Despite low crude oil prices at the beginning of 2016, a total of €63 million was invested in the oil shale industry in Estonia last year, €103 million was contributed to public revenues and the industry employed 6,400 people, it appears from the yearbook released by the Estonian oil shale industry.
Kalle Pirk, head of the Oil Shale Competence Center, said that research and development activities are what determine the future of the field of oil shale.
"Estonian engineers and researchers today are working with the aim of ensuring that the value of oil shale is increased to the maximum and that the industry is sustainable, innovative and benefits society as well," said Pirk. "We have already proved ourselves on the international level as well by conducting research and realizing large projects. In addition to this, 'Processing of oil shale and oil shale products,' a technical committee of standardization, is in active operation as well."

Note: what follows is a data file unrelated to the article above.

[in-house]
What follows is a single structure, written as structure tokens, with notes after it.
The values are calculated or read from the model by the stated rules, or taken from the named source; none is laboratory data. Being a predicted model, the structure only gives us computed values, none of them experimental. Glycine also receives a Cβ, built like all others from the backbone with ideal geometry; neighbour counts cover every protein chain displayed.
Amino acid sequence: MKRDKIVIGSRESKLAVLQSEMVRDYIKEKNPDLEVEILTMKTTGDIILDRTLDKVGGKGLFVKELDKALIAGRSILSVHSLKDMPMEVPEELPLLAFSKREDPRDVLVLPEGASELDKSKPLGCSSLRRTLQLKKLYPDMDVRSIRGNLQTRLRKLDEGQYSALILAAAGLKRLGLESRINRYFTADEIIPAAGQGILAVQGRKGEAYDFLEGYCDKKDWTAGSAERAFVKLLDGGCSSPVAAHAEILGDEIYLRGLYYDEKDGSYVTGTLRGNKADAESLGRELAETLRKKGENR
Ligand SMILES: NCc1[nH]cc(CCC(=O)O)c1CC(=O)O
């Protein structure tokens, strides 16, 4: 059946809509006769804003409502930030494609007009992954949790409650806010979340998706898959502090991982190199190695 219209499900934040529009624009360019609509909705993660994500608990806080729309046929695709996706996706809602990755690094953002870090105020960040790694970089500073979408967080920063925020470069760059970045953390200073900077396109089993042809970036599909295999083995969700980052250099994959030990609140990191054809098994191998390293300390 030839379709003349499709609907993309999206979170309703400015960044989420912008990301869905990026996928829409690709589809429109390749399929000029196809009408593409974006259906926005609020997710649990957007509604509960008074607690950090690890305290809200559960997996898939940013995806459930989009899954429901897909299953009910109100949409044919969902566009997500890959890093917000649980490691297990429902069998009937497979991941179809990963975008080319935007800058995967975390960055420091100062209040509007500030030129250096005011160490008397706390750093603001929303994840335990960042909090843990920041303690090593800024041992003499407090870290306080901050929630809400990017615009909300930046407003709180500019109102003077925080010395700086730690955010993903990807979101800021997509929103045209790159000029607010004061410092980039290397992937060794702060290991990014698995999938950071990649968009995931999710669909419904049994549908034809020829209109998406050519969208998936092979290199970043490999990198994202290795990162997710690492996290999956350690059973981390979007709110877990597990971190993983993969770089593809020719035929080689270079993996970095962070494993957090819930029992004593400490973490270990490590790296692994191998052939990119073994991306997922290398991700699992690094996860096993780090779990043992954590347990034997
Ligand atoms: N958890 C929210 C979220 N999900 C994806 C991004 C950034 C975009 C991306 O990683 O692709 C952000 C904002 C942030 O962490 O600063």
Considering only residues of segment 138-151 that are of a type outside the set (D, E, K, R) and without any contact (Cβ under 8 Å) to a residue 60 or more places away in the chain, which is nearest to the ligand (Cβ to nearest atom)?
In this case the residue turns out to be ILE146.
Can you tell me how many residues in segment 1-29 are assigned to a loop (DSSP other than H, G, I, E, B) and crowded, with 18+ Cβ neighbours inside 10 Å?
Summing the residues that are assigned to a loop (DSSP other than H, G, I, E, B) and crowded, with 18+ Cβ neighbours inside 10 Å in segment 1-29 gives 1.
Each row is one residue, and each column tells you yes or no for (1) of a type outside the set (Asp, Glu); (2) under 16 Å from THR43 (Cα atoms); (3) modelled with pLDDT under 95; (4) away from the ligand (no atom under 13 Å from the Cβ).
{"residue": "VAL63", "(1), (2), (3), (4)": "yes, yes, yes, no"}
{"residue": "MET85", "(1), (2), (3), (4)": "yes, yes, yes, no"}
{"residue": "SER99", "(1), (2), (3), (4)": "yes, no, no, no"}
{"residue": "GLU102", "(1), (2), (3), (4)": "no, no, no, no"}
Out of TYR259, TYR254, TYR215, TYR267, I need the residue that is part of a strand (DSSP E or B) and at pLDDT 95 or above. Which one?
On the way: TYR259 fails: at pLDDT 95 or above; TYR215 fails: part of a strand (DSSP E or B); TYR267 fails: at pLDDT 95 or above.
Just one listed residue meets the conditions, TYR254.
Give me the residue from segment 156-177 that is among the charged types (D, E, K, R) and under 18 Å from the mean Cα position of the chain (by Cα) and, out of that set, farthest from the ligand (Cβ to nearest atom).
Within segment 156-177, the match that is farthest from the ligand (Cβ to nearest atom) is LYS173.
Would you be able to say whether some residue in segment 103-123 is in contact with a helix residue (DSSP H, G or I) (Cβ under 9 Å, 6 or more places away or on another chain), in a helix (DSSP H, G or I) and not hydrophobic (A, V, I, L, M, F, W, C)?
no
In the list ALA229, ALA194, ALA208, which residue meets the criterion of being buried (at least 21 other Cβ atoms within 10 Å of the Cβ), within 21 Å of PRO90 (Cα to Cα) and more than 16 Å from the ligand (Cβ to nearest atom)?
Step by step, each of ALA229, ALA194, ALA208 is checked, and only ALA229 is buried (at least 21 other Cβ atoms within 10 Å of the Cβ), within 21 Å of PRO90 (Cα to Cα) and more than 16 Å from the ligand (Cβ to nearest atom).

According to Eesti Energia CEO Hando Sutter, the best guarantee against fluctuating energy prices is increasing efficiency. "New oil production records confirm that, with the technology developed in Estonia, we are able to take maximum advantage of the potential of our natural resources," he said. "Our strategic goal is to constantly increase the competition of oil shale production assets."
"2016 turned out to be challenging and forced all participants in the oil shale sector to adapt to the complicated market situation and develop new ways of operating effectively," Viru Keemia Grupp (VKG) CEO Ahti Asmann said. "All of this did not hinder VKG from maintaining a direction of sustainable development. I cannot deny it — challenges toughen us up and motivate us to be flexible."
"The drastic fall in the global market prices of oil in recent years delivered a blow to the operating chances of an industry with decades of experience in the Republic of Estonia, causing the unemployment of thousands of peple," said Alexela Group CEO Andreas Laane. He said that the Estonian government demonstrated statesmanship in these times and a quick decision created a tax environment which helped the oil shale industry to overcome the situation.
The yearbook of the Estonian oil shale industry is published by the Oil Shale Competence Center of the Virumaa College of Tallinn University of Technology (TTÜ), Eesti Energia, VKG and Kiviõli Keemiatööstus.
Editor: Aili Vahtla